The Wild Bunny made this excellent Minecraft Creeper apron.
Since 2008 Teller (Penn's partner) has been making a video show about living in a zombie infested world. His latest episode, the fifth in the series, was posted today.
Fortunately, my three cats are happy to sit in my lap while I trim their nails, so I don't have to put them in this miniature gimp suit.
Ben Marks of Collectors Weekly says: "Just in time for Halloween, my colleague Lisa Hix has written a lengthy history of Spiritualism, séances, planchettes, and Ouija boards. One of the many people she interviewed was Brandon Hodge, who collects planchettes and other "spirit-communication" devices."
Séance sitters, while they might be very religious, would also arrive expecting a certain amount of titillation. “The intimacy of the séance is one thing that drives not only the popularity of mediums—particularly when they’re attractive young women like Florence Cook, or Kate or Maggie Fox—but also the popularity of the planchette and, later, the talking boards,” Hodge says. “Everyone’s seated around a table. The lights are dimmed. You place your fingers on the table, and everyone overlaps pinkies. You’ve got a woman prancing around the room in a glow-in-the-dark muslin sheet and nothing else on underneath. And they would say, ‘No, really, reach out and touch the ghost. You can feel her.’ How many people got to feel up a woman in the 1870s in public with permission—with their neighbors watching?”
A Florida woman covered her driveway with at least 400 mothballs in the hope that it will prevent dogs from crapping in her yard. Neighbors are upset.
"It started off with just a few and now it's got over 400 or more," Dana Nicol said. "She drives back and forth and crushes them up with her car to make them stink even more." Neighbour Kim Bristol said she filed a complaint with the city, accusing the neighbour of causing a health hazard.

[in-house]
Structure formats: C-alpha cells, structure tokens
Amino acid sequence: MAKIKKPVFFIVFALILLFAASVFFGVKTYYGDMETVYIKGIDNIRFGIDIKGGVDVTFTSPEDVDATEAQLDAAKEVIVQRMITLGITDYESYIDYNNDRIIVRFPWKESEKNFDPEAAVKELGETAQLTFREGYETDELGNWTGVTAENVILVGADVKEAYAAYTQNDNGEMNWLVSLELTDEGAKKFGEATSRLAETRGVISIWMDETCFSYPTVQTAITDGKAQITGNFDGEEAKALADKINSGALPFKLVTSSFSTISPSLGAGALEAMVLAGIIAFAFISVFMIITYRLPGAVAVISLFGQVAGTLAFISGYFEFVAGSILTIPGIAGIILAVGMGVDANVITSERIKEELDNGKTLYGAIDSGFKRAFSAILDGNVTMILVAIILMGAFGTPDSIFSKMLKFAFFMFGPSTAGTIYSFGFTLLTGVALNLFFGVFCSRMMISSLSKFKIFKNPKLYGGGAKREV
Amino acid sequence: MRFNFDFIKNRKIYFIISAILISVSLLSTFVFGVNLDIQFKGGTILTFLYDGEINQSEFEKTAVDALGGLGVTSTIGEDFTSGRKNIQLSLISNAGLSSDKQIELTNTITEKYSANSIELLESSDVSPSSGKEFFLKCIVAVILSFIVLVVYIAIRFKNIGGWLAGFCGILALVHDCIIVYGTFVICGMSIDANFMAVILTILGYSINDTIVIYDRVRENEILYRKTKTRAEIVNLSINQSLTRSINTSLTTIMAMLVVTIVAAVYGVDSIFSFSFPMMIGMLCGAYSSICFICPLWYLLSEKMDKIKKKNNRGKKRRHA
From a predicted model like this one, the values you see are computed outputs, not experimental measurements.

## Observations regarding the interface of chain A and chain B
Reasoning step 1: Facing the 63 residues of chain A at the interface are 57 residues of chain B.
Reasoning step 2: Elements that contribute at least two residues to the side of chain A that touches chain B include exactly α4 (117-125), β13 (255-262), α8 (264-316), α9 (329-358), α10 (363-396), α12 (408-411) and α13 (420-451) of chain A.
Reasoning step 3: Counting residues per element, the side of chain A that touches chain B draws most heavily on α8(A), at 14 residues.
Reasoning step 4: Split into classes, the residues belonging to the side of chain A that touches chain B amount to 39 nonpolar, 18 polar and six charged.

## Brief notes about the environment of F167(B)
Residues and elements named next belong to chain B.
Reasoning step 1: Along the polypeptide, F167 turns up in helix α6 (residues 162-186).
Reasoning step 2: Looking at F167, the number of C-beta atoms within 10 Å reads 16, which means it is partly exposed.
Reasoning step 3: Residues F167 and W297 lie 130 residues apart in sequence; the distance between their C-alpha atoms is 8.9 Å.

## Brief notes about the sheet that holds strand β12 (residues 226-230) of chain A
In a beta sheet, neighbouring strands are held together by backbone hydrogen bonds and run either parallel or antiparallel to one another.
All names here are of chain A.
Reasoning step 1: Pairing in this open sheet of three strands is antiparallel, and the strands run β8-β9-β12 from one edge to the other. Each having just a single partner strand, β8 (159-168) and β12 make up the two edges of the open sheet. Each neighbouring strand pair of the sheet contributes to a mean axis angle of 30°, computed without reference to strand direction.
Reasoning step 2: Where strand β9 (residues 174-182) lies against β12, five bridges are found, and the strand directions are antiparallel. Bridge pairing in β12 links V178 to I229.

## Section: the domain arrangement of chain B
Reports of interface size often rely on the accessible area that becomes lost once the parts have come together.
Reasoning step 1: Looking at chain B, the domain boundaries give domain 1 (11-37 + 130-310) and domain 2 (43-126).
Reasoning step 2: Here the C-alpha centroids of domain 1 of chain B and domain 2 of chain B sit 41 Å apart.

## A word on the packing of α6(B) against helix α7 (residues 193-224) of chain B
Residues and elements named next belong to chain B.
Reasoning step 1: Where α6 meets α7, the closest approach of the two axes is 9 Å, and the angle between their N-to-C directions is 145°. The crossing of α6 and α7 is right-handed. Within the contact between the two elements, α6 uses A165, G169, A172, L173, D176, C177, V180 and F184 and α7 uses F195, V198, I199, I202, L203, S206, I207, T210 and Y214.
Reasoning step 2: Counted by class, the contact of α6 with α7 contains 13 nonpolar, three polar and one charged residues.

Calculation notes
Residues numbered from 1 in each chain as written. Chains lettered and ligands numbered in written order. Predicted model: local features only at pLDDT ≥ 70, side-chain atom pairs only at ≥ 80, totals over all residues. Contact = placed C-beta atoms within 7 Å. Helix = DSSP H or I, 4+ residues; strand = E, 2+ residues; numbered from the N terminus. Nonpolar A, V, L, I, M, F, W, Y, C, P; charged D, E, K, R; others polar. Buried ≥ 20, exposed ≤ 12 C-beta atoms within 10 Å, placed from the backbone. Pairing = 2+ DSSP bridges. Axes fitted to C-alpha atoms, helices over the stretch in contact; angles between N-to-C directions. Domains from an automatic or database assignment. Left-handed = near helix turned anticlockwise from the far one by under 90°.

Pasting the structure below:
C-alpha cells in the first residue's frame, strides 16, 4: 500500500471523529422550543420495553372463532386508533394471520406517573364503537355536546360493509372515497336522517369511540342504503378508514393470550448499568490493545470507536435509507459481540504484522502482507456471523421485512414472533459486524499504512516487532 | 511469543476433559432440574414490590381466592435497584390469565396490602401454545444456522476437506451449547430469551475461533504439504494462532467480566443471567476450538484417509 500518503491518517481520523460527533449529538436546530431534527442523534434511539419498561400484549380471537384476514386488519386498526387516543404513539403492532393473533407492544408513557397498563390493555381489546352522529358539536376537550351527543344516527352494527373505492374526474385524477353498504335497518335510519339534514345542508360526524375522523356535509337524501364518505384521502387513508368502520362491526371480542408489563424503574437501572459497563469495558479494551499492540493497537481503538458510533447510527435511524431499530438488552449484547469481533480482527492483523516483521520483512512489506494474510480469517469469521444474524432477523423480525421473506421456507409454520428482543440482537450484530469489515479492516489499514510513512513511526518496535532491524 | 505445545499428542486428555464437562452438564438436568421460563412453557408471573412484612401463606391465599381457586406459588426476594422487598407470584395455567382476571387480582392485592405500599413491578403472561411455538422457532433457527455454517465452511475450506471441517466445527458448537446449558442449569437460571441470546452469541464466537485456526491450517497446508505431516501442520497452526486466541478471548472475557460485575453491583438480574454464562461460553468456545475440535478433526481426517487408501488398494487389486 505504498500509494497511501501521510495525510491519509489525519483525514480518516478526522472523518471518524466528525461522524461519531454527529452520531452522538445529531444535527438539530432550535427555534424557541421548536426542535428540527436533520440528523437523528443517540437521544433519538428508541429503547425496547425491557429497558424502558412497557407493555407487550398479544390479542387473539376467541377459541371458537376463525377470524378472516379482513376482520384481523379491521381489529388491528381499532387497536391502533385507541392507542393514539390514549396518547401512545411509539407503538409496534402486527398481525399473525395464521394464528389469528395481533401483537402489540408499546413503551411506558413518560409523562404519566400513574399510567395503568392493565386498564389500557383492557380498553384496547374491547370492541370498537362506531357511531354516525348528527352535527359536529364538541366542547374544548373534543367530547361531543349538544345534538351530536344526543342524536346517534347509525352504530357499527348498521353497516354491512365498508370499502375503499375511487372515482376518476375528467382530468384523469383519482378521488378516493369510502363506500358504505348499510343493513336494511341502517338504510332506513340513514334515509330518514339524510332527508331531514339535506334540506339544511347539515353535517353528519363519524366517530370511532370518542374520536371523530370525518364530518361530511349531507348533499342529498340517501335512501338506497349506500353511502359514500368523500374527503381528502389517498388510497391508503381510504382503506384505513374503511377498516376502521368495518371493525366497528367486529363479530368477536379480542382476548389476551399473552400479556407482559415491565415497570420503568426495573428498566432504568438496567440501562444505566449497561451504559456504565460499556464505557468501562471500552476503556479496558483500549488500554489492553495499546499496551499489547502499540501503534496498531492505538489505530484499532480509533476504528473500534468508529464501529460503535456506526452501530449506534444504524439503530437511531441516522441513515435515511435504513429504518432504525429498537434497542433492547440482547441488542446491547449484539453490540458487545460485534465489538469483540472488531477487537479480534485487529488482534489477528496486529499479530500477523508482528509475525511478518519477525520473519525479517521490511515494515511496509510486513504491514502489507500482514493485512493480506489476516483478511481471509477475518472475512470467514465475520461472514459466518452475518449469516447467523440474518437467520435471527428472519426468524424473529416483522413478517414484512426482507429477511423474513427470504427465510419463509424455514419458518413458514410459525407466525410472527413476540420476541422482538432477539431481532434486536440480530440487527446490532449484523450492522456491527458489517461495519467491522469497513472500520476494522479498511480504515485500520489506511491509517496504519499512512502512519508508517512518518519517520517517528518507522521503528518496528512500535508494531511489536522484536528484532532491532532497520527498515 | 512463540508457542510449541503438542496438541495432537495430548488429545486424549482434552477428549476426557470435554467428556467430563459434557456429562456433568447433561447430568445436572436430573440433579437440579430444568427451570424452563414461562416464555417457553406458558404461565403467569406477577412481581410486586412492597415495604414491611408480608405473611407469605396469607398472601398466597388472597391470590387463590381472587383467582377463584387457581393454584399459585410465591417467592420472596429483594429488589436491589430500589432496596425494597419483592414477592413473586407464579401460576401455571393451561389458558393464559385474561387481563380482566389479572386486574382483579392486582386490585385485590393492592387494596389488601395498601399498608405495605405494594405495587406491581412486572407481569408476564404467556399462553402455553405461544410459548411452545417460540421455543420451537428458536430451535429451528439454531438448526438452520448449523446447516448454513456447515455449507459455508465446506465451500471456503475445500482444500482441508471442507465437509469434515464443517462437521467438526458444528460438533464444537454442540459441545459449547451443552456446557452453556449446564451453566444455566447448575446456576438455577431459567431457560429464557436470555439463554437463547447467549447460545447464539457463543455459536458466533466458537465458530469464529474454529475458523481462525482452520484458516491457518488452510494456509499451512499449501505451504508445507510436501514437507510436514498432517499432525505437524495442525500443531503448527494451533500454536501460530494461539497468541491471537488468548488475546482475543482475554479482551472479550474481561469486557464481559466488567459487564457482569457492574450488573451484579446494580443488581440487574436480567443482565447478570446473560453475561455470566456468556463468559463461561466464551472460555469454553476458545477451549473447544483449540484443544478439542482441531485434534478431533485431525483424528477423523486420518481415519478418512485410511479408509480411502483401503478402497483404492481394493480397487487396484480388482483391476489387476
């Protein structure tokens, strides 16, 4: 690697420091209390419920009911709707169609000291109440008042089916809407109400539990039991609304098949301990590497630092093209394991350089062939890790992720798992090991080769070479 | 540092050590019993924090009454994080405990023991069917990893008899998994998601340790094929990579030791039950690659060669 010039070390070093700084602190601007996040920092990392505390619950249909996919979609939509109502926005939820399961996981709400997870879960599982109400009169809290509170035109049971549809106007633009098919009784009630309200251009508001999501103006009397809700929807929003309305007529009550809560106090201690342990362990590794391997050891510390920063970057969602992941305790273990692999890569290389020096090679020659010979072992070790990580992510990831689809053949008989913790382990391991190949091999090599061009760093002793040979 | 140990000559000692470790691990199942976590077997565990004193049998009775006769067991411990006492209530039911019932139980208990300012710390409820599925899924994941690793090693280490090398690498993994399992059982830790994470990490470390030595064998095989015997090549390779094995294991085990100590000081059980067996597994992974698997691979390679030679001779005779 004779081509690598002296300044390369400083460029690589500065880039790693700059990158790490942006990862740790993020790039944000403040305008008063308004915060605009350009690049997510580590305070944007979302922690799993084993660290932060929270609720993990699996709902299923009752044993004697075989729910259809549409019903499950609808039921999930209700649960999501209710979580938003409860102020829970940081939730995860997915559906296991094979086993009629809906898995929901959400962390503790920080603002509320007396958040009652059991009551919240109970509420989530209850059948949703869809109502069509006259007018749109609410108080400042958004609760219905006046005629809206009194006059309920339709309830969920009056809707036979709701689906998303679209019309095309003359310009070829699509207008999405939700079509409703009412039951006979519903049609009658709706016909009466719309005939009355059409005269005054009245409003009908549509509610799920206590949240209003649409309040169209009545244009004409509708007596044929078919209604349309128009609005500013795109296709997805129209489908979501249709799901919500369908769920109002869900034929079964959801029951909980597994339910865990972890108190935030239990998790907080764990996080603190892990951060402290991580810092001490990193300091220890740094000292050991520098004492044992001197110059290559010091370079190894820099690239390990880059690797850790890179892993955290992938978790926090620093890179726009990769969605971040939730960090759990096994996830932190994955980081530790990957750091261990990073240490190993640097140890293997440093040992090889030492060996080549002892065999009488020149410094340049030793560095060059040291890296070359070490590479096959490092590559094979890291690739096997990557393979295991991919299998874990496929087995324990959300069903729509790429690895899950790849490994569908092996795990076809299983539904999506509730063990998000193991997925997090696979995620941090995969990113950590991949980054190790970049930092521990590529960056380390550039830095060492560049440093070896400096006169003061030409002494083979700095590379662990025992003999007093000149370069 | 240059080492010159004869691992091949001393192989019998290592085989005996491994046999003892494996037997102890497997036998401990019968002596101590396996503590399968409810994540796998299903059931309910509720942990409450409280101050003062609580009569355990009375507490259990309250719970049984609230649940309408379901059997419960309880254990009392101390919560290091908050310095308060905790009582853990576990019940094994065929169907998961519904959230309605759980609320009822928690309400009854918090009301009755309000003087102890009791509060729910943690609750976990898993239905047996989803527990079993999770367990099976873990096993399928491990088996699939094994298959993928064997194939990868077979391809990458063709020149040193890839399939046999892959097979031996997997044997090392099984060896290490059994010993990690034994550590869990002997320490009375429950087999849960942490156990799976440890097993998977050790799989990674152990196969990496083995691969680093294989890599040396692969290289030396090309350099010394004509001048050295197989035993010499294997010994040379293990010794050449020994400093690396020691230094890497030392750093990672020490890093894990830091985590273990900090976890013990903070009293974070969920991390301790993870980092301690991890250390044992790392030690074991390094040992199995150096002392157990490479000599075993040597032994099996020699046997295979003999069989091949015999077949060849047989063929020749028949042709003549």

Many thanks to Andreas for sharing this lovely video of a doll maker in Japan.
Written by magician Joshua Jay, Big Magic for Little Hands is a pleasingly giant-sized book of 25 tricks for kids ages 7 and up. Jay is also the author of Magic: The Complete Course, which I bought a few months ago and have learned quite a bit from.
These are tricks that require little prep time and dexterity yet are guaranteed to deliver a big payoff. The large format, oversized text, and black-and-white vintage-style illustrations make Big Magic particularly easy to follow and kid-friendly. Here’s how to levitate your sibling several feet off a bed. Escape Houdini-like from tightly bound ropes. There are also impromptu effects that can be performed anytime, anywhere, like Spook-Key, in which an antique key mysteriously rotates in your hand. Each easy-to-perform feat is clearly illustrated with step-by-step drawings and accompanied by insider tips.
A TSA supervisor confiscated Sean Malone's toy ray gun belt buckle at the airport. Malone described the encounter:
"You understand that this is a belt buckle, right? It is not a danger to the safety of anyone nor is it against the law to carry. I have also traveled with this belt buckle all over the country and it's never been a problem. So please explain to me how exactly you would justify taking it."
Her response was to suggest a hypothetical scenario. "What if", she postulated, "you take this object out of your bag and point it - like a gun - at a police officer? He would have no choice to assume that it was a gun, and take action against you."
Now... Let's leave aside for a second that the entire premise behind this argument is that police officers are too dumb and hopped up on their own power that they can't recognize a dangerous weapon from a belt buckle in the shape of a 1950's toy ray gun. I'm glad she recognized this reality, but I don't think she really processed what it says about law enforcement in America. But leaving that aside... Why in the hell would I ever take my belt buckle and point it at a police officer?
To this, she had no answer.
Malone stood his ground, and after insisting that the supervisor talk to *her* supervisor, his belt buckle was returned.
The Department of Homeland Security revealed that David Nieland, an "investigator leading the internal review of the Secret Service’s 2012 prostitution scandal quit in August — because he was caught in a prostitution scandal of his own."
Investigator in Secret Service Prostitution Scandal Resigns
Sheriff’s deputies in Broward County, Fla., saw David Nieland, the investigator, entering and leaving a building they had under surveillance as part of a prostitution investigation, according to officials briefed on the investigation. They later interviewed a prostitute who identified Mr. Nieland in a photograph and said he had paid her for sex.
Mr. Nieland resigned after he refused to answer a series of questions from the Department of Homeland Security inspector general about the incident, the officials said.